Business Casual Battlewear
October 30, 2020 9:22 AM   Subscribe

I will be returning to the office soon (boo), and it comes to my attention that my wardrobe is now entirely made up of holey leggings and amateur wrestling tees, which probably doesn't fit my supervisor's definition of "business casual." I'm also in the middle of a years-long conscious consumerism kick, which has made me interested in clothes that are 1) Going to last a long time and 2) Are made sustainably/by small businesses/support communities. Snowflakes inside!

Of course now that I've done a few searches for "sustainable" and "clothes," every other instagram ad is ready to sell me socks that donate money to charity and carbon-neutral backpacks etc, and I really need some help wading through the chaff. Would love recommendations, personal experiences, etc.

Me: 30 something cis-presenting female, on the cusp of plus sized (between 14-16 depending on brand), bike commuter (though open to changing at work - clothes don't have to be 100% bike friendly). In the beforetimes I have almost exclusively shopped at in-person thrift stores for clothing, both because I'm picky about fit/pattern and also because I tend to be destructive on clothes and didn't want to pay a lot for something that was going to be destroyed. It occurs to me now that maybe buying better quality in the first place will help this issue, so I'm willing to throw some money at the problem. I also tend towards a more DIY/punk aesthetic in general (I was very proud of myself a few years ago when I described my style as "Gamine Snake Plissken"), which means floaty cotton wrap dresses DO NOT CUT IT. I like cigarette pants, boatnecks, silk scarves, leather jackets and showing off my guns (the arm kind). Not against dresses, but they need to be dresses that work with boots. Also, when I say that my wardrobe is now very limited, I mean it. I need shoes, sweaters, bras, socks, workout clothes, pants - EVERY item of clothing imaginable. Open both to manufacturers and secondhand markets.

What I've Tried:
eShakti - Got a gift card here a few years ago and ordered a few dresses. Overall experience was extremely underwhelming. I paid the extra amount for a tailored cut, but either my measurements were off or their tailoring leaves a lot more space than I prefer.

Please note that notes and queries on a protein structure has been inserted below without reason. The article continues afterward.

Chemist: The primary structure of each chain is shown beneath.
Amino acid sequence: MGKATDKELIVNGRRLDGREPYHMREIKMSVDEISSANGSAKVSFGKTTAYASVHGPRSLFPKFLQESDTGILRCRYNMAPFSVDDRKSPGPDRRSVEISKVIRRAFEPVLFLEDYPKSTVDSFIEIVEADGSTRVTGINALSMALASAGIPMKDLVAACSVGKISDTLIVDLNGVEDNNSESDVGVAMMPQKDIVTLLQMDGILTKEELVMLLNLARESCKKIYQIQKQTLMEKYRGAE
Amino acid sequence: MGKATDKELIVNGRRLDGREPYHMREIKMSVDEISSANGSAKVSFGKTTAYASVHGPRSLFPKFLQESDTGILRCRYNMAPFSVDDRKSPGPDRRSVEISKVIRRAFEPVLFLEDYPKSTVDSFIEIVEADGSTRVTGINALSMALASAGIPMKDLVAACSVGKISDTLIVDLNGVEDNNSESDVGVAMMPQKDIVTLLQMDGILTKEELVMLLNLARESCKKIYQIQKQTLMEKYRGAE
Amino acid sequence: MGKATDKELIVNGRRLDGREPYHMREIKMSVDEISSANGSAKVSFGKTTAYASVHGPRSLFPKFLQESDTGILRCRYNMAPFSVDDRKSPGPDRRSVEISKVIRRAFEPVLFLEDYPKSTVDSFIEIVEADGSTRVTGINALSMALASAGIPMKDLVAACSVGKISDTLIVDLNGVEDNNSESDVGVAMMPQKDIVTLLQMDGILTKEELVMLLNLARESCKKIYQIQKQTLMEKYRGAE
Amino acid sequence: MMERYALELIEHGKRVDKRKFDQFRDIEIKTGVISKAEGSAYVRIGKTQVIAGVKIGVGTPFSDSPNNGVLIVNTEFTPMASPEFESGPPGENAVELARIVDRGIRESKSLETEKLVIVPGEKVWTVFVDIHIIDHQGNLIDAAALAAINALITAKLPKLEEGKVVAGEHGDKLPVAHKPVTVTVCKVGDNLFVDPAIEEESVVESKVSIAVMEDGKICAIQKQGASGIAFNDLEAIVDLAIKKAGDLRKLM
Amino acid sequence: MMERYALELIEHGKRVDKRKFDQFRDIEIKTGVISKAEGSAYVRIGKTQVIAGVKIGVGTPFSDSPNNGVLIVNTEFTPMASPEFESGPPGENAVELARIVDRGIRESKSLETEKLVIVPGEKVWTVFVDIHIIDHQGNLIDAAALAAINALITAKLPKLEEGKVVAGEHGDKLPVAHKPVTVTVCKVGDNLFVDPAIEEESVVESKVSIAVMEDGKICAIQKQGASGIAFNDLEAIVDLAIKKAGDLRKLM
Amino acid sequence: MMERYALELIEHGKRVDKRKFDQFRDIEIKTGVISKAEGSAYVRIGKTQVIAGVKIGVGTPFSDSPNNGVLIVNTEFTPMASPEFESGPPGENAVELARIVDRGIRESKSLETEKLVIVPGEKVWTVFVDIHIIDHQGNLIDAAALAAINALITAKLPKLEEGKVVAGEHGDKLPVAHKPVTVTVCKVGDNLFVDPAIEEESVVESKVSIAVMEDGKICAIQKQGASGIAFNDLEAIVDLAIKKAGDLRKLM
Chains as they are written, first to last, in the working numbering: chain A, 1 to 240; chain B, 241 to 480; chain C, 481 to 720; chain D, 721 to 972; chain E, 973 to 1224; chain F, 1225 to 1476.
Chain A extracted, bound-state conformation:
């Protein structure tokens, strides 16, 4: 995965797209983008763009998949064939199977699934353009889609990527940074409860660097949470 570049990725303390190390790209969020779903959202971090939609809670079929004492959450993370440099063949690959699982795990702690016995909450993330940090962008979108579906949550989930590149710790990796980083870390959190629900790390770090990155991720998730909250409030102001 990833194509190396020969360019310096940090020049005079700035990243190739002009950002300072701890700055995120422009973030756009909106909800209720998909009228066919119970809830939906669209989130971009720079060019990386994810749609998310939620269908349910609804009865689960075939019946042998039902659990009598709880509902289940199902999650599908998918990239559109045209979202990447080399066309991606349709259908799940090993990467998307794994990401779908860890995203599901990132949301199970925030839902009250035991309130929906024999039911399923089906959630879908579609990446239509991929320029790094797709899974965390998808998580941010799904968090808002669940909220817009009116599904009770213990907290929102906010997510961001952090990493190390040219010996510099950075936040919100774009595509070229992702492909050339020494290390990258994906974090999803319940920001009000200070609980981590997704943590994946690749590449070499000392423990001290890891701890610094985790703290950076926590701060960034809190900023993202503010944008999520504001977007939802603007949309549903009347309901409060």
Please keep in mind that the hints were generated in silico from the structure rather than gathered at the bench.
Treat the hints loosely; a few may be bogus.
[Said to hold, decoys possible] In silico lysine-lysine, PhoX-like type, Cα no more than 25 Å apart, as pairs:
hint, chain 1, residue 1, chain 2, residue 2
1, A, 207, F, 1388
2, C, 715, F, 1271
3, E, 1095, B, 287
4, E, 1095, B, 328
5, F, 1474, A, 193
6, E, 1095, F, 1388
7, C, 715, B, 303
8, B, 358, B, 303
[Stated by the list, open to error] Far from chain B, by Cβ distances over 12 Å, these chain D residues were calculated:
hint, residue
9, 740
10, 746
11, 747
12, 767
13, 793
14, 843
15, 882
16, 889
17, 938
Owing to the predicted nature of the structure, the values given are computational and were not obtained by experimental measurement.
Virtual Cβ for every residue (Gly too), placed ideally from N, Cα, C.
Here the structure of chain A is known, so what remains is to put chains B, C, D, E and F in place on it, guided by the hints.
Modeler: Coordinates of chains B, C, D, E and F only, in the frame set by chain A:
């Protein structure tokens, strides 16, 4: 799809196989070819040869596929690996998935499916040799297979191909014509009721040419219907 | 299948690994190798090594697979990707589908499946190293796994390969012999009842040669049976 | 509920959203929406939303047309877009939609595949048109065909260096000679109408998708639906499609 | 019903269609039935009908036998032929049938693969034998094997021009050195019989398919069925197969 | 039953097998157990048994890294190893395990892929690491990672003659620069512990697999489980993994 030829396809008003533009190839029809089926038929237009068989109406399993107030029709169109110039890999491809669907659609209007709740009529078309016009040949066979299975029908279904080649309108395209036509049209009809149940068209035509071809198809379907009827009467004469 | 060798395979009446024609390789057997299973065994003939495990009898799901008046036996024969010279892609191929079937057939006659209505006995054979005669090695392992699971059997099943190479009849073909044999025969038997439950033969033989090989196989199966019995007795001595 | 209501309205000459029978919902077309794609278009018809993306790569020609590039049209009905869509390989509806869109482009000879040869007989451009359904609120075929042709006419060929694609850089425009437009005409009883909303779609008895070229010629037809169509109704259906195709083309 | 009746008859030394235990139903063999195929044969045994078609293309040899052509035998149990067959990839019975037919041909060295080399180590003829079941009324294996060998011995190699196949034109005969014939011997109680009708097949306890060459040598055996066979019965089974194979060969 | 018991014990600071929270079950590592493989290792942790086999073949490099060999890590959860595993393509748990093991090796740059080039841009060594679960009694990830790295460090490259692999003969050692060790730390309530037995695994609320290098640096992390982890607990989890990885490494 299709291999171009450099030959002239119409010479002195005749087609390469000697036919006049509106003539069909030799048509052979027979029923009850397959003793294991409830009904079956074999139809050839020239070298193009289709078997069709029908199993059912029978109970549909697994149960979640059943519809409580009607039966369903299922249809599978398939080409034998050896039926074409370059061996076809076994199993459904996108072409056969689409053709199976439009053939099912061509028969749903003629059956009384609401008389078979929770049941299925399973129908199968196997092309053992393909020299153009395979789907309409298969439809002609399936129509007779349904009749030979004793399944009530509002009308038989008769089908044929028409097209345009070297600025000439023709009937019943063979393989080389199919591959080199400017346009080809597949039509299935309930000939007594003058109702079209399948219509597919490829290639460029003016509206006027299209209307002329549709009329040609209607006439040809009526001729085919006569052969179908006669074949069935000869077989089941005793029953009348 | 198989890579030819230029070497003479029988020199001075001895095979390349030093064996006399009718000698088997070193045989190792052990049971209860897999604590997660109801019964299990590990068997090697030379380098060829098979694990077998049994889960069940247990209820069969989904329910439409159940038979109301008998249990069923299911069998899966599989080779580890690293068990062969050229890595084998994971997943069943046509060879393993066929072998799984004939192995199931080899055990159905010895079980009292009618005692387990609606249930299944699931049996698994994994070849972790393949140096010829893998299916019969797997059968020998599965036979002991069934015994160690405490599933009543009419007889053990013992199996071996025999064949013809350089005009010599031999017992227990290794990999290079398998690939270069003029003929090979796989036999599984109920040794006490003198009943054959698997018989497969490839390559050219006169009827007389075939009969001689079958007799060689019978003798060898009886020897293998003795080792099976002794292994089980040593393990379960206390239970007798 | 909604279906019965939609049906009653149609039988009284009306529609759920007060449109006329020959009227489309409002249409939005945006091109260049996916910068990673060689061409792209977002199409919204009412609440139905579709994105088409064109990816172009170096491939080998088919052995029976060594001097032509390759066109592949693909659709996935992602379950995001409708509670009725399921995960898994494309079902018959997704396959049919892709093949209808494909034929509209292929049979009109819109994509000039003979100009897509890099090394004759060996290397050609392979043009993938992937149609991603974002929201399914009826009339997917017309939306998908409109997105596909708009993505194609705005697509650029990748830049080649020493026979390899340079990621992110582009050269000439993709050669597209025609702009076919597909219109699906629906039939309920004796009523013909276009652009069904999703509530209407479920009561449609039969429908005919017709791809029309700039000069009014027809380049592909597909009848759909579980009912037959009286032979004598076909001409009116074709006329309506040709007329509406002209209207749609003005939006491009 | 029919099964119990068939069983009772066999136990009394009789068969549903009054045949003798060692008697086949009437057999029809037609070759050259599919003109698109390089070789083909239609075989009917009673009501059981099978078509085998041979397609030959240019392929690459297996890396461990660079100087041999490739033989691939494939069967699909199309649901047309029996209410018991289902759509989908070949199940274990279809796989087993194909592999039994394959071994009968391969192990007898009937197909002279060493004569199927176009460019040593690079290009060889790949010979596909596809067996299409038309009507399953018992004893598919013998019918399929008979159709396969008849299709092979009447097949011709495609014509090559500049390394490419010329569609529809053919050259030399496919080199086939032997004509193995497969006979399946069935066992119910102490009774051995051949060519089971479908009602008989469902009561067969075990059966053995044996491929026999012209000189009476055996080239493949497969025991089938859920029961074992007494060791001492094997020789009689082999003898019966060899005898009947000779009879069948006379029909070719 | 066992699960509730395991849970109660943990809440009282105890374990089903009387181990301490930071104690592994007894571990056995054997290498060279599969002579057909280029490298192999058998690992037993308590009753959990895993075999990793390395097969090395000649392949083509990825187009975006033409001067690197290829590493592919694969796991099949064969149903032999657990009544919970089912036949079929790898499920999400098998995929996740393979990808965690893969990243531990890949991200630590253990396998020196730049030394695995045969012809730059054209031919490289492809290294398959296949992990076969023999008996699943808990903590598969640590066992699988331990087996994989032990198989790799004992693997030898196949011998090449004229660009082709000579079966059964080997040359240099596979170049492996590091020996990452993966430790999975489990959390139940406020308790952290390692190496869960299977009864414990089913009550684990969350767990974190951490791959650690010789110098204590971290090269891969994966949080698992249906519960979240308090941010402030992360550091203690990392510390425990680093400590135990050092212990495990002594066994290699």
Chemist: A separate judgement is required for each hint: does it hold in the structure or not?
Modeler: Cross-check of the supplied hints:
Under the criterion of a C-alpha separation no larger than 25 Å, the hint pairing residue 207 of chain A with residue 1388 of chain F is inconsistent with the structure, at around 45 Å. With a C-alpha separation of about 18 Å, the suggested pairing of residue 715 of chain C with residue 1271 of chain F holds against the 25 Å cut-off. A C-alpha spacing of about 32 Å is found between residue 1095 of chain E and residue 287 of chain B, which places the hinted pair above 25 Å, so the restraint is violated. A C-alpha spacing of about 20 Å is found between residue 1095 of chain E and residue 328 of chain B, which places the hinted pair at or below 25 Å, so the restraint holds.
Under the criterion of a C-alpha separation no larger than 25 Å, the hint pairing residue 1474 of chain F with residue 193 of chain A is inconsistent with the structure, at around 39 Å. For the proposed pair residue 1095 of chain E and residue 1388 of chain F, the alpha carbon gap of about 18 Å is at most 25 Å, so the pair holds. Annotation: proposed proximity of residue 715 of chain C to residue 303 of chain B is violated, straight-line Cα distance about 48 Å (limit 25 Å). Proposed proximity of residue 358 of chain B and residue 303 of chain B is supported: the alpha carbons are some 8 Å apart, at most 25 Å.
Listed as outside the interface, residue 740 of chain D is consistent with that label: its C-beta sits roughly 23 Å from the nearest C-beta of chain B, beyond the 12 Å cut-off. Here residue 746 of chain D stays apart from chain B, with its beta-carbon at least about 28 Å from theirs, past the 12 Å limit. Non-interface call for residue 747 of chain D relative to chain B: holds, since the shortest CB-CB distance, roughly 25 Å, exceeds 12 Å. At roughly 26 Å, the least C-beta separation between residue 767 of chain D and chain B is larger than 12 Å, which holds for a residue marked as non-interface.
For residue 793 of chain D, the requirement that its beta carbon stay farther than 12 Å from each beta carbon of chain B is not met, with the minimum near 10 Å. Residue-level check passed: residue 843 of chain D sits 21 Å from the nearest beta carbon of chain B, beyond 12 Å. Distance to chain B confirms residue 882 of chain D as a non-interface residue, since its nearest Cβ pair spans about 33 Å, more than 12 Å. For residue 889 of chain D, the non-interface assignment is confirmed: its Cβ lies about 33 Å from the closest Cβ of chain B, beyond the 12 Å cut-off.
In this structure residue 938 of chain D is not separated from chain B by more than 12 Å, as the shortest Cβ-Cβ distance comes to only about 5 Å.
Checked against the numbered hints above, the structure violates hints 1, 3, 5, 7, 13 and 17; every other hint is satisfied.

Poshmark - I've done some shopping here to try and substitute the thrift experience, but don't feel like every seller is good at posting measurements and don't feel like I can return things that don't fit.
Pact - I've been happy with the all-cotton underwear, but the few tanks I bought are already getting holes after 3 months (overenthusiastic cat has helped)
Modcloth - Not sustainable? Feel weird spending money on designs I am overwhelmingly MEH about.


I do not shop on Amazon, and try to stay away from their affiliates but I'll make exceptions for small sellers that are otherwise exceptional because I get it, it's hard to escape the octopus.
posted by theweasel to Clothing, Beauty, & Fashion (15 answers total) 31 users marked this as a favorite
 
H&M's upscale brand COS ticks a lot of your boxes. I haven't been shopping since March, so it's a bit vague now, but I feel they were bending towards improved sustainability before that.
I have clothes from them that is from right when they opened more than ten years ago, and still in perfect shape after many, many washes. Actually I just wore the very first item I bought there today, that's how I thought to post this.

I don't know how the site opens where you are, but here it looks very classic, not at all punky. But in my experience, they have a lot of quite interesting pieces in there when you start searching.
posted by mumimor at 10:04 AM on October 30, 2020 [2 favorites]


Have you tried ThredUp? I'm honestly not sure about their business practices, but it's another good online "thrifting" experience (unlike Poshmark, they manage everything centrally, including measurements and returns.)
posted by mosst at 10:12 AM on October 30, 2020 [3 favorites]


Best answer: Have you considered Universal Standard? A lot of my work wardrobe comes from them. Their jeans are phenomenal, and their pants fit well too. They also make nice sweaters and work tops. Their clothes are on the expensive side, but they are well made and last, in my experience.